A Taste of the Food & Eating Design LabHow our society deals with food is of crucial importance. Many societal challenges can be traced back to our relationship with food and eating. “From agricultural production and food waste to growing obesity and diabetes problems. Even mental health can be related to food.” Rick Schifferstein is director of the Food & Eating Design Lab at the Faculty of Industrial Design Engineering. Here, researchers, students and companies aim to improve people’s interaction with their daily food and provide solutions that promote people’s health and wellbeing.
29 May 2018
These shoes are made for falling…And that’s just what they do. No, it’s not a bad cover version of Nancy Sinatra’s sixties hit. It’s the conclusion of researchers at Delft’s faculty of Industrial Design Engineering (IDE) who have been investigating the suitability of shoes for the elderly. When it comes to shoes, it’s never been a case of one size fits all. Yet the researchers argue that it’s not just shoe size that matters, but the shape of footwear – especially in the over 65 age bracket. Well-fitting and correctly-shaped shoes can improve balance, stability, comfort and safety.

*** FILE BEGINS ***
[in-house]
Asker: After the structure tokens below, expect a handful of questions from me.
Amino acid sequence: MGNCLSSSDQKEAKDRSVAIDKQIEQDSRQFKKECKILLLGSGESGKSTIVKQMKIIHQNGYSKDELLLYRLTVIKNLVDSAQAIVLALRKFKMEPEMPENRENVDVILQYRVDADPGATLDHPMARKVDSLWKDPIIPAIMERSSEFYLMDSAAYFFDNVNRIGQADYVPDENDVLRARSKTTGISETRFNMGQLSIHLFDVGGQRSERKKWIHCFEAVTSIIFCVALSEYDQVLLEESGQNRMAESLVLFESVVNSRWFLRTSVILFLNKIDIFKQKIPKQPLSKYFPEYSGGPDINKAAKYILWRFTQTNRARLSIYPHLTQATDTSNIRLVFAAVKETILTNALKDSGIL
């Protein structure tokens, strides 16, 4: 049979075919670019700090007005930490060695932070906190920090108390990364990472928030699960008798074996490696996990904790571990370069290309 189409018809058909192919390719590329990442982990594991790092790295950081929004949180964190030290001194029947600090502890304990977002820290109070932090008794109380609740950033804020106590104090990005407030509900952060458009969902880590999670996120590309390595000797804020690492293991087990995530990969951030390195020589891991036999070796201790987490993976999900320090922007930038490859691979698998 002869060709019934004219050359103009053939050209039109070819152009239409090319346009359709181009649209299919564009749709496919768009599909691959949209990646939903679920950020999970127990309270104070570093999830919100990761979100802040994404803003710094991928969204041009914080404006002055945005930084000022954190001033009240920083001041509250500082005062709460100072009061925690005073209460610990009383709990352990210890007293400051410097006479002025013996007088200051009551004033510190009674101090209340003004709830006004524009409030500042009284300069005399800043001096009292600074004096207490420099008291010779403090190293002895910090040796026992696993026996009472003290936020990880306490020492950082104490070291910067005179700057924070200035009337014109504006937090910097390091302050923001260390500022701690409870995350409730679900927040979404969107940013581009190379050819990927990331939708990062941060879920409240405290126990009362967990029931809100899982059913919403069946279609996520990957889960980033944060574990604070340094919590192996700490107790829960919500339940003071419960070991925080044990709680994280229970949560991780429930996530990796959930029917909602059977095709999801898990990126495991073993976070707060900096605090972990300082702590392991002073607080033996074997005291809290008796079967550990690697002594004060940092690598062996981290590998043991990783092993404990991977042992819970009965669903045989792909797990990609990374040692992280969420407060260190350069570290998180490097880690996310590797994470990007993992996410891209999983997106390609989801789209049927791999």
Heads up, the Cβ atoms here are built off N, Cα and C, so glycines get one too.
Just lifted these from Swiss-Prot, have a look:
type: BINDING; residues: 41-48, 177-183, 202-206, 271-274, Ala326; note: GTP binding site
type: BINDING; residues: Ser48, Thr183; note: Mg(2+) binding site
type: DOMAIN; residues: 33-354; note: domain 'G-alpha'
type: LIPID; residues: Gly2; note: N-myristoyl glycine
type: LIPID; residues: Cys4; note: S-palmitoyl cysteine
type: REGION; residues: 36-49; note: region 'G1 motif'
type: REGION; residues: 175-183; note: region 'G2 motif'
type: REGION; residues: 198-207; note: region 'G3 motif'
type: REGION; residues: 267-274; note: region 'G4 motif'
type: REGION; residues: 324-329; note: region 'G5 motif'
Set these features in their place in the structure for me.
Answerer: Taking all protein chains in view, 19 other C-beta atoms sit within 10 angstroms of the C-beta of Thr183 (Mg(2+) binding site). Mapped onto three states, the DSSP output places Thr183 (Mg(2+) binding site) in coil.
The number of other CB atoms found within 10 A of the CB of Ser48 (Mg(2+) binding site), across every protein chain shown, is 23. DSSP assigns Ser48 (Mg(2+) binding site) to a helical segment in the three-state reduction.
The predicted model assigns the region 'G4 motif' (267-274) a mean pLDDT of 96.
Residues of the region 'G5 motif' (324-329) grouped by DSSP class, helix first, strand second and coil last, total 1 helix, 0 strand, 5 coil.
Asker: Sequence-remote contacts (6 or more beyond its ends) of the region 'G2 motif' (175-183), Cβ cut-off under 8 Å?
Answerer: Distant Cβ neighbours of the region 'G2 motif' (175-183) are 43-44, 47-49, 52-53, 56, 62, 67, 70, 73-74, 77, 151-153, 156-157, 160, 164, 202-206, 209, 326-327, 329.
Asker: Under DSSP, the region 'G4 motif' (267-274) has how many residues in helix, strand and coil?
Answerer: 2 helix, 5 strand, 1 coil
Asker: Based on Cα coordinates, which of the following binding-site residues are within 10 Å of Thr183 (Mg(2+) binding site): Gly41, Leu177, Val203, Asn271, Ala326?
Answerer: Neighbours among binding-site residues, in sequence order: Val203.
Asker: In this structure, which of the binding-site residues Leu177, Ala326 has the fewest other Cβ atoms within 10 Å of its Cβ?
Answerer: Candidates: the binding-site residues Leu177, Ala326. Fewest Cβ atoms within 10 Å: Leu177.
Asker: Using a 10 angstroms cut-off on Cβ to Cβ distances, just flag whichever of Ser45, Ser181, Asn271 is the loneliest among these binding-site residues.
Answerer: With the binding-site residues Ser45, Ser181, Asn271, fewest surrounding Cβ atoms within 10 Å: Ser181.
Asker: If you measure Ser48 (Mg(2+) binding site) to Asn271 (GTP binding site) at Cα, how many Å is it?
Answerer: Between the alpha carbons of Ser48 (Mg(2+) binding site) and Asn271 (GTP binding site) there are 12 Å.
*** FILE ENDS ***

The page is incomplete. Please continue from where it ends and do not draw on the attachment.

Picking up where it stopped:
30 January 2018
'Blended learning will remain the ideal model for me'Having already won the 2017 award for best lecturer in the Faculty of Industrial Design and Engineering, Associate Professor Giulia Calabretta went on to be elected the 2017 Best Lecturer at Delft University of Technology as a whole by a jury consisting of students and former winners. As a result she is competing for the National ISO Teacher of the Year Award. What makes her teaching so special? And what makes the field of strategic design so valuable?